AUTHOR: Timothy George and Thomas G. Guarino
PUBLISHER: Grand Rapids, MI: Brazos Press, 2015, (188 pages).
Over twenty years ago, a group of Evangelicals and Catholics have come together to dialogue on the common matters of faith. Founded by Charles Colson and Richard John Neuhaus in 1994, the Evangelicals and Catholics Together (ECT) produced nine statements of faith. The key aim is to affirm that while they do have serious differences in belief, they too have lots of common ground. Together, they believe that:
- They have more in common than differences
- They desire a deepening understanding of each other
- They want to demonstrate what it means to tolerate differences
- They want to re-examine at why certain issues are so difficult to resolve
- They want to champion religious freedom through mature dialogue
- They can encourage deeper theological discussions so that both parties can learn from one another.
- They can engage the culture, society, political, and social strata.
In this book, three themes form the basis of dialogue:
- The content of the Christian faith
- The place of Scripture and Tradition
- Ecclesial Reform
Each of the nine statements of faith are accompanied by an essay written by a respected theologian. On "Unity," Timothy George, founding dean of Beeson Divinity School writes about the project as an initiative that represents a group of individuals rather than the institutions they represent. On "Justification," Thomas Oden compares and contrasts the two sides' interpretations of justification by faith alone. Rather than getting stuck on the nitty gritty of faith and works, the common motivation is to preach the gospel to all who have not heard about the grace of God. On "Scripture," Thomas Guarino, Professor of Systematic Theology at Seton Hall University, expand on the points of agreement with regard to how Scripture and Tradition inform each other. On "Saints," Robert Louis Wilken looks at the people of God, the communion of saints, and calls this a "treasured inheritance" of both Evangelicals and Catholics. On "Holiness," Cheryl Bridges Johns sees the common interests in God; in being the image of God; in discipleship; and a call to holy living. On "Pro-Life," RR Reno emphasizes the sanctity of life. On "Mary," Dale Coulter highlights some misconceptions while at the same time brings out the concerns of the Marian dogma. On "Freedom," George Weigel agrees that religious freedom is increasingly being threatened. On "Marriage," Timothy George and Thomas Guarino tackle the difficult issue of same-sex marriage and together agree on a common definition of what marriage is and what it is not.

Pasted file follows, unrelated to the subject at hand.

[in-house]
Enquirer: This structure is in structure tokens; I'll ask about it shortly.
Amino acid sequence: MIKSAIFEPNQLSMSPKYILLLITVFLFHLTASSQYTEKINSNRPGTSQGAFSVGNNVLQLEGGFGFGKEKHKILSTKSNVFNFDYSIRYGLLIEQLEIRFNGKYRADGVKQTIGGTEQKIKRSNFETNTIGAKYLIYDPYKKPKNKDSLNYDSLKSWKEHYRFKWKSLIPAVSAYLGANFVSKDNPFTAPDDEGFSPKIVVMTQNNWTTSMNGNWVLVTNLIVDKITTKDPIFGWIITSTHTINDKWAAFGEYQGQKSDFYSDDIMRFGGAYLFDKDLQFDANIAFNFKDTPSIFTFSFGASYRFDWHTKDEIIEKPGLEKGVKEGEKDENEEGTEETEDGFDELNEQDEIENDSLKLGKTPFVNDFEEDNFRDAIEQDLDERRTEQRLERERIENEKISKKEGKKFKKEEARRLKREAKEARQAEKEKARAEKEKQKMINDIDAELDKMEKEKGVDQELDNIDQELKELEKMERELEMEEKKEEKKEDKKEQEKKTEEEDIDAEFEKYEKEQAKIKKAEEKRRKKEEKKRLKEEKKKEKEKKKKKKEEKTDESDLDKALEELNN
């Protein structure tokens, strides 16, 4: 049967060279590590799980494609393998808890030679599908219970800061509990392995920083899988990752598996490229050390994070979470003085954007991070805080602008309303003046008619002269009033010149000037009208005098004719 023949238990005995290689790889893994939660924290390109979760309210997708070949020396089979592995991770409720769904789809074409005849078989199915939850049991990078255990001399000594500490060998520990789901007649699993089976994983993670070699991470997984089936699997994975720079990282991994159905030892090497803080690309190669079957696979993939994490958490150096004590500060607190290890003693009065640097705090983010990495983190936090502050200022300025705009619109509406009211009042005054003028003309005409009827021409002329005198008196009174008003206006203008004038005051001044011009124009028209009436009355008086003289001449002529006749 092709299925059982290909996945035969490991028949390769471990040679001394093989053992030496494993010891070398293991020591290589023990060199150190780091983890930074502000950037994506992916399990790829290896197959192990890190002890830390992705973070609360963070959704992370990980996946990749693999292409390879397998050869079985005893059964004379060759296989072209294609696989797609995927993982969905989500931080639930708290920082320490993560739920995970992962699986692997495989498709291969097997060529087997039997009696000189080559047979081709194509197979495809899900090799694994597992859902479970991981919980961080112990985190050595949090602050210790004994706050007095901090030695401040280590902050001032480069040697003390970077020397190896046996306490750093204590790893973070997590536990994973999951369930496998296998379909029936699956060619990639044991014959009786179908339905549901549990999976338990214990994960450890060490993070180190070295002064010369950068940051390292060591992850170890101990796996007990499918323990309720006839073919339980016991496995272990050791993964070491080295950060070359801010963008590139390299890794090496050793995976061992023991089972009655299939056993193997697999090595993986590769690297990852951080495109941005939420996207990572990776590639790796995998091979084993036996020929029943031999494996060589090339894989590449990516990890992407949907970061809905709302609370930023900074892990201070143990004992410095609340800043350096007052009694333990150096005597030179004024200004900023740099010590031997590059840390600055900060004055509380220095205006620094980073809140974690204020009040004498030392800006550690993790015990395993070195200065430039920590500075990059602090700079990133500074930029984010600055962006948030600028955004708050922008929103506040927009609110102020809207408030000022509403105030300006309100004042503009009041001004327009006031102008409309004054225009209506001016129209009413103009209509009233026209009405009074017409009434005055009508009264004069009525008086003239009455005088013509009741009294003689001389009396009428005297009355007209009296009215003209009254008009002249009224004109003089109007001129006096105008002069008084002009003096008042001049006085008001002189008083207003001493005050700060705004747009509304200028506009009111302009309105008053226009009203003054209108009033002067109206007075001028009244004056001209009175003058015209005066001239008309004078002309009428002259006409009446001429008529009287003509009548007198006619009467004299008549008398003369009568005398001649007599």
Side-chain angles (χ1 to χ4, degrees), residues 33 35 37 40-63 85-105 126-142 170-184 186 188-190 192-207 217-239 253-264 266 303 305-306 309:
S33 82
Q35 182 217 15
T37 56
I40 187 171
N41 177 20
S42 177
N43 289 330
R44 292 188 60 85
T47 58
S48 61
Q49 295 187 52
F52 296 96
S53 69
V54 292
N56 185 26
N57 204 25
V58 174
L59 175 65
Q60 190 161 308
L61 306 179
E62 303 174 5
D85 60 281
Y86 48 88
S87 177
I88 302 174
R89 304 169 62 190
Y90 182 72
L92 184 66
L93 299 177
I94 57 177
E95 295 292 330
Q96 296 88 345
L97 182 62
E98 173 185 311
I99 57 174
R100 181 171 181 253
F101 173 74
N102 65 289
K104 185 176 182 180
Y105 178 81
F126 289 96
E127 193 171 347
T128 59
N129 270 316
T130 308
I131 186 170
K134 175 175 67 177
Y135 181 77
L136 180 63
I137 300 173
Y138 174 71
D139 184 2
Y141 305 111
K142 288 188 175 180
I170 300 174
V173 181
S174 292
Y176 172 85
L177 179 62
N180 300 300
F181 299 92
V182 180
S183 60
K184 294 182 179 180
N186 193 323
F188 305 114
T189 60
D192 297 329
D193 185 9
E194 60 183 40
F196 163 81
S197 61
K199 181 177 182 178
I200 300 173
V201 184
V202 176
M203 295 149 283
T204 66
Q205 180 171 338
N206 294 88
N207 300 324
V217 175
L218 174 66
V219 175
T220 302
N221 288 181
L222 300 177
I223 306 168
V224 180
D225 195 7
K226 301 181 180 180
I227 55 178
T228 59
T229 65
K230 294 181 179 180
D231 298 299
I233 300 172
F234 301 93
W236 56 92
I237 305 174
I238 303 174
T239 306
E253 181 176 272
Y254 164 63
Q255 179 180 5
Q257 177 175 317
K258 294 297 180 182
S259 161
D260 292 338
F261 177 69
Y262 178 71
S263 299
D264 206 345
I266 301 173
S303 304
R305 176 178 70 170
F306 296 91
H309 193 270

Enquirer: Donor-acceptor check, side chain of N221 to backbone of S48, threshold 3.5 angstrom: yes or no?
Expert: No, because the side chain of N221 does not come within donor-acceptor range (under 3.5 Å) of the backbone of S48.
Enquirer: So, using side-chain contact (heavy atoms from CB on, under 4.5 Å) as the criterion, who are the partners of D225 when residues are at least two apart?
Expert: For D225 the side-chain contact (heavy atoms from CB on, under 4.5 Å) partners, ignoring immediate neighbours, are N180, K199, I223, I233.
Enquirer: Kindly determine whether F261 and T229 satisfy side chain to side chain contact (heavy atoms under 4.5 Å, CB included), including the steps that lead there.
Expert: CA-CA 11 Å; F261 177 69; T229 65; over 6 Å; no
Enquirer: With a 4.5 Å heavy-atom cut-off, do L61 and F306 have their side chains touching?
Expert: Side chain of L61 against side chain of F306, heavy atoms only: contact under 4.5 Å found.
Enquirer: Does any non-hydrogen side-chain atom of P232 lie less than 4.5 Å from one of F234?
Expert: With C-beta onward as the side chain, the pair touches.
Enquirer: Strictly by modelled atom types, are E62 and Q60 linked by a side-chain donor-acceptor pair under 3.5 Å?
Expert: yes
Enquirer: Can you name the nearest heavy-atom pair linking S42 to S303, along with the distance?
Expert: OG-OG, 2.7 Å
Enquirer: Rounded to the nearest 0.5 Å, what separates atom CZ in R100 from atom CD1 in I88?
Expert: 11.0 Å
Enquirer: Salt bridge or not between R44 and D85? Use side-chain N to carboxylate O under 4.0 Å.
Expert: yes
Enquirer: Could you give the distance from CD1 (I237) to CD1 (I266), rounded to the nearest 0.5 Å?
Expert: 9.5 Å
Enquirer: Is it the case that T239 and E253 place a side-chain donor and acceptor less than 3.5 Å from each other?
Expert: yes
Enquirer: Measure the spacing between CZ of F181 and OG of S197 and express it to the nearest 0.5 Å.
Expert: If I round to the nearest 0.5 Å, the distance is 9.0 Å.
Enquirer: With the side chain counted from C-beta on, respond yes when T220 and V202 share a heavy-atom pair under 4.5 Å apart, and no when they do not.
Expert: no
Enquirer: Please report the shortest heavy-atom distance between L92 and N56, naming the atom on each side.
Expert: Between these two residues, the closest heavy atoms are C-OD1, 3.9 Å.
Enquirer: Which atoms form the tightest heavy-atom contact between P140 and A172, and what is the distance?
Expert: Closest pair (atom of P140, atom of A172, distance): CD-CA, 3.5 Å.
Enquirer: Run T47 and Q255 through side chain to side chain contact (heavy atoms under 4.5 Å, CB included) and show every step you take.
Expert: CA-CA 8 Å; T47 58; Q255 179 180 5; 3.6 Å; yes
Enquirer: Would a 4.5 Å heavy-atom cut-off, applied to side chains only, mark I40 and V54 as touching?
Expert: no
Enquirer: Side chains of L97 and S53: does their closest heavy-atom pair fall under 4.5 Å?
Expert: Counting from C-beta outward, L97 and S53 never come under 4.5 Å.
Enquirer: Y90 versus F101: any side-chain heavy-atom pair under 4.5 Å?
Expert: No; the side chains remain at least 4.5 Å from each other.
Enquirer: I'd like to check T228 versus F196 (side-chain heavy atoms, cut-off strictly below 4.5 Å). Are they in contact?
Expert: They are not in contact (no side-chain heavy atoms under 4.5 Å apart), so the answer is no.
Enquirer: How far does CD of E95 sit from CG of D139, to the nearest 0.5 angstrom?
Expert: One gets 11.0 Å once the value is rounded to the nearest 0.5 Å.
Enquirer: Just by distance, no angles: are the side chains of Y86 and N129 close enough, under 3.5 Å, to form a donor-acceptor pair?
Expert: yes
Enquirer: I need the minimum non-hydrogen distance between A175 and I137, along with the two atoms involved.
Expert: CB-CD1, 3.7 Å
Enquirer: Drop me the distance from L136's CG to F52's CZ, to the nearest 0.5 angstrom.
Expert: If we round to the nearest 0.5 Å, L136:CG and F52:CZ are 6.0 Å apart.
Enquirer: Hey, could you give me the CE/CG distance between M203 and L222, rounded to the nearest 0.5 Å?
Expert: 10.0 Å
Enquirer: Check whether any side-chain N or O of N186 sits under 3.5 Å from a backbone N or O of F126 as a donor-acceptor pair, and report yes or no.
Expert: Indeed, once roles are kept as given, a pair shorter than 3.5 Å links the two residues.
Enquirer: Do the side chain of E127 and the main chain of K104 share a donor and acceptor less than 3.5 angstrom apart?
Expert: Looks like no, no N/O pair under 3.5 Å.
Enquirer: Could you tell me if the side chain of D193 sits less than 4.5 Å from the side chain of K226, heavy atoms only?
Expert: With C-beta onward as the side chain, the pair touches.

Since the beginning of the ECT initiative, there has been lots of suspicion with regard to the potential of ecumenism. Suspicions range from theological compromise to the fear of one bloc dominating or controlling the other. There are valid reasons to protest against the ECT. Yet, there are also equally valid reasons to expand on the common grounds of understanding. If there are areas that can be agreed upon and cooperated with, why not? In general, there are two ways in which to adopt such theological discussions. The first is to major on the differences and minor on the similarities. This first way will keep both parties entrenched in their own views. This way, it is very hard to even begin a proper discussion. The second way is to major on the commonalities and be mindful of the differences. This is the way of the ECT.
I remember evangelical missionaries in poorer countries telling me about them being forced to work with Roman Catholics simply because the authorities of the land had lumped them together under the Christianity umbrella. Usually, the atheistic and secular governments do not understand the differences between the two anyway. Being forced to speak as one voice, they had to do whatever is necessary to survive together. Otherwise, everyone will be put to various forms of persecutions and difficulties. When the going gets rough, a united front is the way to go. Maybe, theologians and religious scholars who argue without compromise may have taken their freedom of expression and religious practice for granted. In the real world, sometimes we do not really have a choice whether to work together or not. Circumstances can make strange bedfellows. Maybe, the ECT is a precursor of the need to prepare for persecutions that are to come. When those times arrive, we have ready documents to immediately begin cooperation based on our common beliefs first. For the sake of the gospel.
Rating: 4.25 stars of 5.
This book is provided to me courtesy of Brazos Press and Graf-Martin Communications in exchange for an honest review. All opinions offered above are mine unless otherwise stated or implied.